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That’s Amar’e: The Heat light the fire in an unexpected way

The Miami Heat’s season was about to fall off a cliff.

Everyone knew the pronounced sense of peril which had engulfed the Heat’s 2015-2016 campaign. The team squandered a number of home games against opponents with inferior records. Miami had a schedule which was frontloaded with home dates, so when the team failed to gain separation from the rest of the non-Cleveland Eastern Conference, the Heat were in hot water.

Beginning on Jan. 8, Miami had to play 11 of 12 games on the road. The Heat have endured persistently deficient shooting performances — they simply do not hit threes well enough to field a balanced offense which earns the full respect of opposing defenses. Miami was regularly taking the court in January without a particularly credible perimeter offense. When defensive anchor Hassan Whiteside got injured on Jan. 20 against the Washington Wizards, a depleted Heat roster didn’t just endure another hit; it lost its prime interior defender.

Thin roster. Deficient perimeter offense. Depleted interior defense and inadequate rim protection.

The Heat lost seven of eight in this month spent almost entirely on the road (one loss being the single home game in that 12-game sequence). They tumbled to 23-21 and — in a state of freefall — had to face the very real possibility that they would miss the playoffs entirely.

What was this team going to do to arrest its slide and somehow survive the end of a January filled with flights, late nights, and hotels?

Would you have believed that Amar’e Stoudemire became the answer to the Heat’s problems?

It’s a script no one would have written 10 days ago.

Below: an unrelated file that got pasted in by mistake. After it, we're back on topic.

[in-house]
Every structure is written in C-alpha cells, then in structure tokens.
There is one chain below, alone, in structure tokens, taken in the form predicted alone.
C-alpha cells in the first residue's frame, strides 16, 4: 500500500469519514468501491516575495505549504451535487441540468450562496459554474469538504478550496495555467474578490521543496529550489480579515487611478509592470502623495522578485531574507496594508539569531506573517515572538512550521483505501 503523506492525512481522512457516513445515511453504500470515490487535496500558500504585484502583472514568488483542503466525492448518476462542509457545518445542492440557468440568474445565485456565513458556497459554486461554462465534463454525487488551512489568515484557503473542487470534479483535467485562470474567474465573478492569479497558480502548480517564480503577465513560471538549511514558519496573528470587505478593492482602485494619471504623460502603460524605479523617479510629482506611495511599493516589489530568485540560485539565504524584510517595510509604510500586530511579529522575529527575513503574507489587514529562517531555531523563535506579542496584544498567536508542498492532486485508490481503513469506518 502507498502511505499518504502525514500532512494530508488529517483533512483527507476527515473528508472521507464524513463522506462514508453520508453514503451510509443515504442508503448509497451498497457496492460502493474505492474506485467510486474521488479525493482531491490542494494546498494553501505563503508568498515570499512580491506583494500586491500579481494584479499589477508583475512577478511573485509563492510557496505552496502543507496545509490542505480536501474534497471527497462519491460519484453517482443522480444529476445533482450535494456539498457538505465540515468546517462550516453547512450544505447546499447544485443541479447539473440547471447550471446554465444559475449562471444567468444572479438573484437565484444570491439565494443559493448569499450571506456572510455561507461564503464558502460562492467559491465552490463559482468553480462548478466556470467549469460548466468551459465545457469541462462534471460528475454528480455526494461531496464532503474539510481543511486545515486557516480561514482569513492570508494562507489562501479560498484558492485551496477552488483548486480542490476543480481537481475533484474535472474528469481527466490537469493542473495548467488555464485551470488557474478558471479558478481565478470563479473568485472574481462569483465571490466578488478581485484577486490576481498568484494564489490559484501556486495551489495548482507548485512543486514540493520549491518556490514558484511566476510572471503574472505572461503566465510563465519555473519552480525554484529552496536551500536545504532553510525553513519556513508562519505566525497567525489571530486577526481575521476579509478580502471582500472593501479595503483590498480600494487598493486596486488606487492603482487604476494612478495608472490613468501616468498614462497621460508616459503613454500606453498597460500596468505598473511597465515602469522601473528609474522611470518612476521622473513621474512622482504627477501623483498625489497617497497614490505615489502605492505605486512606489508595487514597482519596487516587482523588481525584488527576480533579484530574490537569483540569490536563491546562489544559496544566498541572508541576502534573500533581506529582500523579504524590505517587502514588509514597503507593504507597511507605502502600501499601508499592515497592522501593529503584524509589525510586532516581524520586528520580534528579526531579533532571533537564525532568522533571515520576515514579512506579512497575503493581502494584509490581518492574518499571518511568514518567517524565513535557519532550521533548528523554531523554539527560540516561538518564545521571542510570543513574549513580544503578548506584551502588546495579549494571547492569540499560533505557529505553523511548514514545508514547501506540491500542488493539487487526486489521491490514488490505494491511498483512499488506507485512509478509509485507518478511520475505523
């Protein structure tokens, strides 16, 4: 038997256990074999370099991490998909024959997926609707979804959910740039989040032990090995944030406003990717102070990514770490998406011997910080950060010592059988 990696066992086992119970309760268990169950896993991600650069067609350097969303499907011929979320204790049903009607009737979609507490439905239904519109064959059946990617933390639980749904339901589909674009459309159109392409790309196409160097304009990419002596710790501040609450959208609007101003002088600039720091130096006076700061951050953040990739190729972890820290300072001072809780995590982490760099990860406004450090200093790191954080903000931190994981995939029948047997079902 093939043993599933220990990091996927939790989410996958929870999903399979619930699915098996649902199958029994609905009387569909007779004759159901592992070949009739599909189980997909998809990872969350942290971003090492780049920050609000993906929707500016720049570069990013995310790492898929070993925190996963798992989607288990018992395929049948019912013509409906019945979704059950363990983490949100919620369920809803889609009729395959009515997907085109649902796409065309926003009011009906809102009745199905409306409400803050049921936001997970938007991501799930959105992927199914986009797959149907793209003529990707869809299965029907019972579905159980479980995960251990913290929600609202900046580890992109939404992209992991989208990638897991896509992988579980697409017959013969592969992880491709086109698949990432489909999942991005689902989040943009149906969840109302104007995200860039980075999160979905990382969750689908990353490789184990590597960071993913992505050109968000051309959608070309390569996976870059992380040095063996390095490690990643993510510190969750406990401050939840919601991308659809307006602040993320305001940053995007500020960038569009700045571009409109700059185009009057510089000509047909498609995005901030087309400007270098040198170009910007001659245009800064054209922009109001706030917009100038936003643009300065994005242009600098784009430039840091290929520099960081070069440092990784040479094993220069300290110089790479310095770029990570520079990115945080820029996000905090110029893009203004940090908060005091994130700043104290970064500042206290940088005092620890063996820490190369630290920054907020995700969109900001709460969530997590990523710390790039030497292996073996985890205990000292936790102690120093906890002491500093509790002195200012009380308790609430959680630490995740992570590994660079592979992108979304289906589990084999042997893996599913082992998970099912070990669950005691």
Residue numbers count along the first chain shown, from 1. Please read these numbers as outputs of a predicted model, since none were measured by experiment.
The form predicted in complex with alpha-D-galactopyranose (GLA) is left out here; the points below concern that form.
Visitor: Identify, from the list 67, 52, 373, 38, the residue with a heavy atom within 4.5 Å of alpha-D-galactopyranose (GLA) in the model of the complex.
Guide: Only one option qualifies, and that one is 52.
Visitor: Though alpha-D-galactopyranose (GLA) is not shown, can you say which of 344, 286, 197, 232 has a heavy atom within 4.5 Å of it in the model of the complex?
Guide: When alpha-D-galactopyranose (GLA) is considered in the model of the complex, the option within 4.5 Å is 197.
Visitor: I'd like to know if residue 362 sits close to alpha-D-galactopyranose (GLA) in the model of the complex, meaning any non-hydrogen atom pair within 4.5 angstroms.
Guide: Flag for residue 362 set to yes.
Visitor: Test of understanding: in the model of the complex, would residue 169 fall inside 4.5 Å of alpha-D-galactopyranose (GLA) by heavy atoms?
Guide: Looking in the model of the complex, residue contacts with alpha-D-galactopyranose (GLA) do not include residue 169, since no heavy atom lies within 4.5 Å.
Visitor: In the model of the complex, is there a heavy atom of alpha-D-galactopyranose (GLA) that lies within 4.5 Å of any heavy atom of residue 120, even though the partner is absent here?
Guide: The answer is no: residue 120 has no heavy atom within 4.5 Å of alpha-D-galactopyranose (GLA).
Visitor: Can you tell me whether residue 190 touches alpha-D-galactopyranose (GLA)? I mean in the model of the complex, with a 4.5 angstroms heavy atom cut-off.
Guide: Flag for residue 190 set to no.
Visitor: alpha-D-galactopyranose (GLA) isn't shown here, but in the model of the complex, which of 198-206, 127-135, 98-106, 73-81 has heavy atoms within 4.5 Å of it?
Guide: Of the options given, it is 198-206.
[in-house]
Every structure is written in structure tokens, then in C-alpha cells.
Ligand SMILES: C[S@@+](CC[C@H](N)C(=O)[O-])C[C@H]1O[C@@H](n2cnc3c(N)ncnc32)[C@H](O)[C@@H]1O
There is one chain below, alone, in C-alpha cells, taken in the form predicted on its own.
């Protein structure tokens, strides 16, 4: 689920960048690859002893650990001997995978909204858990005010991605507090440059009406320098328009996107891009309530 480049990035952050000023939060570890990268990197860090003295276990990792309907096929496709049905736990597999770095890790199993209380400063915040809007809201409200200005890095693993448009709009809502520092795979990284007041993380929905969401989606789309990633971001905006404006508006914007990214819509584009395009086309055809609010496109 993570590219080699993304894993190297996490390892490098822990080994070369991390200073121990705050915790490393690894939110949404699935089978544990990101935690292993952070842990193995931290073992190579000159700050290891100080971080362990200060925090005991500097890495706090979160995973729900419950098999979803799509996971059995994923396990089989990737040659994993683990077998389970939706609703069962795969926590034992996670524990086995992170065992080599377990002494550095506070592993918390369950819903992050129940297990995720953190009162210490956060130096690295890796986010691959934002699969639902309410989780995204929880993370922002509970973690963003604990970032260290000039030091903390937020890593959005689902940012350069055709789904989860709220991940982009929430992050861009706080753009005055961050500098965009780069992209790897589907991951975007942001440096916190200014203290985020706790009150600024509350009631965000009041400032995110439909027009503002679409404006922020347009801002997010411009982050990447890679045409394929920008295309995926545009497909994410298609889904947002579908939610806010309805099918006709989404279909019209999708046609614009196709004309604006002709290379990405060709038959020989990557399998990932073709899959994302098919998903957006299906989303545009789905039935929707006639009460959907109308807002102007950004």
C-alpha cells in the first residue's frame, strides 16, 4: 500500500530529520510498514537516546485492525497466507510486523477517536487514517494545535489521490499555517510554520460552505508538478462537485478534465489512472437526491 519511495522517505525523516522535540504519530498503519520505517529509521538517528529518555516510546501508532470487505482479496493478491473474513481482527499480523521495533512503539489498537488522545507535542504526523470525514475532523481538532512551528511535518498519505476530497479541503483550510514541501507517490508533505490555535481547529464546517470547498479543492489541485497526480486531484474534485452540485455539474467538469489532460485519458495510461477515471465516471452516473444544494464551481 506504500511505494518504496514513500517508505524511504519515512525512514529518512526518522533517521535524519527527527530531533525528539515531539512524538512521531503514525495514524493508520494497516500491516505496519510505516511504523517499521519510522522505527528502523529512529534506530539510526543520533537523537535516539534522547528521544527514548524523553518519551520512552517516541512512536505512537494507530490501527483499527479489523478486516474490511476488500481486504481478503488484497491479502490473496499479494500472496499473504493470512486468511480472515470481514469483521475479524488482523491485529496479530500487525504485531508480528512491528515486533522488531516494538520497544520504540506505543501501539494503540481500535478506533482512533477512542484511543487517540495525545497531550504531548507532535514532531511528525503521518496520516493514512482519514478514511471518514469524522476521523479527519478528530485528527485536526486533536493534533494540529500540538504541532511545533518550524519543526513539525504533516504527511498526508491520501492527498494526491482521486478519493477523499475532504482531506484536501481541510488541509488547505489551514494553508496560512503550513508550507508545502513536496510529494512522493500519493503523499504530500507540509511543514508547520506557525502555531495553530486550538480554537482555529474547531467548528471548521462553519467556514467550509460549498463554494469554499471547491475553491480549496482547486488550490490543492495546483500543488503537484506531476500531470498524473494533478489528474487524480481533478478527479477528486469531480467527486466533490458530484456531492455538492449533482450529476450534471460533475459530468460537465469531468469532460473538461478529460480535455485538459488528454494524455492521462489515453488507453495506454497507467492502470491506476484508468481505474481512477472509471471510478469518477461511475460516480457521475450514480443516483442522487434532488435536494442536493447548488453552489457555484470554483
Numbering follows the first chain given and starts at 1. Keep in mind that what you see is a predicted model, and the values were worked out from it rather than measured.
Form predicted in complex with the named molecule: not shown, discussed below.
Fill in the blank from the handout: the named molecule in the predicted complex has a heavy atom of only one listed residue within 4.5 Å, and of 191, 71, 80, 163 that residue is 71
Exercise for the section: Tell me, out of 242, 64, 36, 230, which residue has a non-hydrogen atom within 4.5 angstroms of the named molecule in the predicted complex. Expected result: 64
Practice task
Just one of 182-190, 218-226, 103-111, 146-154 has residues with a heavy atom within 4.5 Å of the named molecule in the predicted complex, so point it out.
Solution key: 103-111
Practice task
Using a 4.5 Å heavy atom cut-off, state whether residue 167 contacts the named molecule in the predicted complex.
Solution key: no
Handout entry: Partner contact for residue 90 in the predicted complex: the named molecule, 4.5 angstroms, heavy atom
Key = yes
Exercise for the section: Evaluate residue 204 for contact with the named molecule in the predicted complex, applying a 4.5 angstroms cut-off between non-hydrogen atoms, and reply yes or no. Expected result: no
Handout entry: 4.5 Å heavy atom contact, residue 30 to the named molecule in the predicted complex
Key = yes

The Heat wake up on Monday morning, at the start of February, with a four-game winning streak; a 27-21 record; and the third spot in the East, following an 18-point shellacking of the Atlanta Hawks on Sunday night in Miami. Stoudemire posted 13 points and 12 boards, part of a forcefully-authored renaissance which has abruptly altered the trajectory of the Heat’s season. It’s entirely true that in this season’s Eastern Conference, upswings don’t typically last very long; the Heat have a lot to prove to the NBA in terms of being able to sustain what they’ve started. Nevertheless, the emergence of Stoudemire comes as a revelation and a most unlikely plot twist. The idea that the Hassan Whiteside injury helped the Heat discover a better lineup combination and style of play is the kind of thing which leaves experts at a loss for words.

Yet, what other conclusion is there to be reached? Consider what Ethan Skolnick of the Miami Herald put together after the Heat’s win over the reeling Hawks:

Yes, this is a relatively small sample size, but when one realizes how utterly feeble, impotent and brittle the Heat were just a week and a half ago, their robust performance against Atlanta on Sunday — following a three-game road winning streak which included a win in Chicago versus the Bulls — points to a genuine change in identity, not just results.

Whiteside, as special as he might be as a rim protector, is substantially flawed at the offensive end, with his foul shooting being a major (Andre Drummond- or DeAndre Jordan-like) liability. Stoudemire’s upside is no longer what it once was (with the Phoenix Suns a decade ago), but his fundamental offensive competence is making the Heat more cohesive at the offensive end. Miami doesn’t play 4-on-5 as much as it did with Whiteside. The Heat have discovered (not by choice, but necessity) how Stoudemire fits into various lineup combinations.

The unexpected consequences of the Whiteside injury could not have been better for Miami and Spoelstra.

A season which was headed straight for the draft lottery could realistically produce a No. 3 playoff seed. Miami will have to back up this four-game winning streak with two months of legitimately strong basketball, but when you recall where the Heat were headed not too long ago, this past week and a half feels like a completely different universe.

That’s Amar’e.

Matt Zemek

About Matt Zemek

Matt Zemek is the managing editor of The Student Section, covering college football and basketball with associate editors Terry Johnson and Bart Doan. Mr. Zemek is the editor of Crossover Chronicles, covering the NBA. He is also Bloguin's lead tennis writer, covering the major tournaments. He contributes to other Bloguin sites, such as The AP Party.